Timber future is starting to look brighter


As 2013 gets into full swing, the outlook is good for the Northwest timber industry. Weyerhaeuser Co., based in Federal Way, just posted its highest revenue in four years, with Q4 2012 revenue going up 25 percent to $2 billion.

Spokane’s Potlatch Corp. also posted very positive fourth-quarter results, showing increased U.S. lumber demand, lumber prices and sawlog prices. According to the Lewiston Tribune, Potlatch’s performance will help all the mills in north central Idaho, where Potlatch has a lot of land.

The bounceback of the U.S. housing industry has a lot to do with the improvement.

(Weyerhaeuser) Chief Executive Dan Fulton said the recovering housing market helped Weyerhaeuser improve its profit and raise dividend last year, and that the company would look to build on that.

Housing starts rose 12.1 percent last month to their highest level since June 2008, a report from the U.S. Commerce Department showed last week. Permits for future home construction were also the highest in about 4-1/2 years.

The recovery in the housing market has already helped Weyerhaeuser, with its shares jumping 58 percent over the past year.

Not everything is perfect. The Idaho state lands director says government timber revenue is down, even among record timber harvests, because the price of standing trees is still relatively low. And the recovery of the U.S. housing industry also means the competing Canadian timber industry is also doing well.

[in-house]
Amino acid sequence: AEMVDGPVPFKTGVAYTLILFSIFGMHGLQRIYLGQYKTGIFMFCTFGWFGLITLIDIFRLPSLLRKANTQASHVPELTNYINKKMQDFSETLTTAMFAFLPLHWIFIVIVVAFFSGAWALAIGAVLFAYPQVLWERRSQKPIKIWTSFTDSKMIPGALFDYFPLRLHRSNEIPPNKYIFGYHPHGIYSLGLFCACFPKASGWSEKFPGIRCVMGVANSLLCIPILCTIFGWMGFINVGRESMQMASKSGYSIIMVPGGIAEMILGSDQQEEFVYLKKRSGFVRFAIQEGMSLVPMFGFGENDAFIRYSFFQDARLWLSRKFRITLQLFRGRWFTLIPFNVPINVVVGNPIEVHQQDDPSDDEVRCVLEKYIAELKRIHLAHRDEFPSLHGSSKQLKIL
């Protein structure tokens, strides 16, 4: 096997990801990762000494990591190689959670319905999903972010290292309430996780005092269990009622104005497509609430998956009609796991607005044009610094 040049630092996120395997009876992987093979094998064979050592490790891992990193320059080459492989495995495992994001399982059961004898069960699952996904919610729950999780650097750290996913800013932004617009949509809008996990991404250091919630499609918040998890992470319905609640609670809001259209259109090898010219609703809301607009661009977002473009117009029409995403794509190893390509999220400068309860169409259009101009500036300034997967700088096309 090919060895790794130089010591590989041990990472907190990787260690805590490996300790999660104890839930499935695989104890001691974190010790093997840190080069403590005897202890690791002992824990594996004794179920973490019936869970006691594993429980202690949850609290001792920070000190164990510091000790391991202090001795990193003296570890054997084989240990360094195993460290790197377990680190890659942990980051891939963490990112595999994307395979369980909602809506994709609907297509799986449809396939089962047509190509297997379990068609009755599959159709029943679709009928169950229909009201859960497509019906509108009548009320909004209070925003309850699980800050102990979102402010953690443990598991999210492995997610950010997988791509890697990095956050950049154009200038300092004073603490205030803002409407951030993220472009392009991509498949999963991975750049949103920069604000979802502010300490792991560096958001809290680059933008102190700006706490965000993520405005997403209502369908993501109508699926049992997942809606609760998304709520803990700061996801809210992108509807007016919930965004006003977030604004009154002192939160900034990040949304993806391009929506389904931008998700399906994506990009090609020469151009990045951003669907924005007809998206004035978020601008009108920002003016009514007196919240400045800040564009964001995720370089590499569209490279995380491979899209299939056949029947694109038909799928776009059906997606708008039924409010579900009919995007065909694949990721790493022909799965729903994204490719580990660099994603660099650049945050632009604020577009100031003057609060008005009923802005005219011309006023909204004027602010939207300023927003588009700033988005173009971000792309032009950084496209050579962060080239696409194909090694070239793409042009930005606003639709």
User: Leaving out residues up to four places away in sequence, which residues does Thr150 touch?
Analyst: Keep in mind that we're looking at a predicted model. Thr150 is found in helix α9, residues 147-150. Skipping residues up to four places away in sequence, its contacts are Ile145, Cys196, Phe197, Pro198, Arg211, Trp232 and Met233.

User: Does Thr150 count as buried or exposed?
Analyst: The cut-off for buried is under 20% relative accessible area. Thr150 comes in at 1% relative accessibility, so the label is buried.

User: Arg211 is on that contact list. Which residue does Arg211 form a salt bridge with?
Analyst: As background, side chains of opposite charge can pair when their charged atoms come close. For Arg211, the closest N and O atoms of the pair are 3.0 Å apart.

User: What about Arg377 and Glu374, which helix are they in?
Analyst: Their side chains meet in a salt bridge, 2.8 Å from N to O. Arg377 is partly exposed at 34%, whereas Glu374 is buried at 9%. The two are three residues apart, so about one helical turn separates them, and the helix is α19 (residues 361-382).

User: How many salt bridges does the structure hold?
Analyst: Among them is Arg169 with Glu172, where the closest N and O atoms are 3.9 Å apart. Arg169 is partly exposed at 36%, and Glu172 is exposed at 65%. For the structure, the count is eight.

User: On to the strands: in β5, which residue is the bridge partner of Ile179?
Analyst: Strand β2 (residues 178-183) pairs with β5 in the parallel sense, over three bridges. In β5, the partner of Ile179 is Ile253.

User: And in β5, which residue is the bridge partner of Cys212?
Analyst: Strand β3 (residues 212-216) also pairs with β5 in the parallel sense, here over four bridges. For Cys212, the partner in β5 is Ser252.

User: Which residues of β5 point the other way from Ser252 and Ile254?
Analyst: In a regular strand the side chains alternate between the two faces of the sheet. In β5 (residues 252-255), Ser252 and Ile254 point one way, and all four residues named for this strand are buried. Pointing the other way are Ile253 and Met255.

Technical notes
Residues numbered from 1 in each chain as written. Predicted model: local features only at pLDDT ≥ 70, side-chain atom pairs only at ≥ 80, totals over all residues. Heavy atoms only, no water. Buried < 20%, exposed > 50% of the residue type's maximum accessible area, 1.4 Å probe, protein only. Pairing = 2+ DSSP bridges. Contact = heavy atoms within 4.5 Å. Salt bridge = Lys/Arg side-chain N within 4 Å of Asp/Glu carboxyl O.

But the overall trends are positive. Look no further than Elk Creek Forest Products, a small mill near Salem, Ore. The Oregonian just did a long feature on the company and its skill in finding a successful niche in a wood-products industry that’s still recovering.

In less than 10 years the company has grown to nearly 40 employees and $20 million in annual sales. It ships small batches of specialty beams and timbers to New York, Hawaii and points between. At any given time Slaughter has about $3.5 million worth of inventory sitting in his lumberyard, and his graders and traders are hopping.

By all accounts Elk Creek has found a successful niche in what the timber industry calls “secondary manufacturing.”

In Oregon, where recurring recessions, environmental restrictions and technological changes have whittled the wood products workforce and emptied mills for 35 years, that’s saying something.

Small is good for Elk Creek.

With the housing market showing recent signs of improvement, people in all facets of the wood products industry are allowing themselves a little optimism.

“Markets for wood seem to be picking up,” says Tom Partin, president of the Portland-based American Forest Resource Council, an industry advocacy group. “Dimension lumber and plywood are at levels we haven’t seen for a couple of years.”

Having ridden out the recession, (Elk Creek President Brett) Slaughter says his company is in an especially good position. “In 2005 and 2006 it was a great economy,” he says. “I was catching crumbs off the side of the plate of the big guys and building clientele. When the recession came it didn’t affect me as much.”

Even a small mill has a huge effect on its community, including Elk Creek’s hometown of Independence, population 8,500.

Shawn Irvine, the city’s economic development director, says the impact of an Elk Creek-type business in a small town cannot be overstated.

“This one is really important,” Irvine says. “The real big sexy project that brings in 500 jobs gets the press, but jobs like this are really the most important. These guys pay a good wage, they want to hire local people and they’re growing.”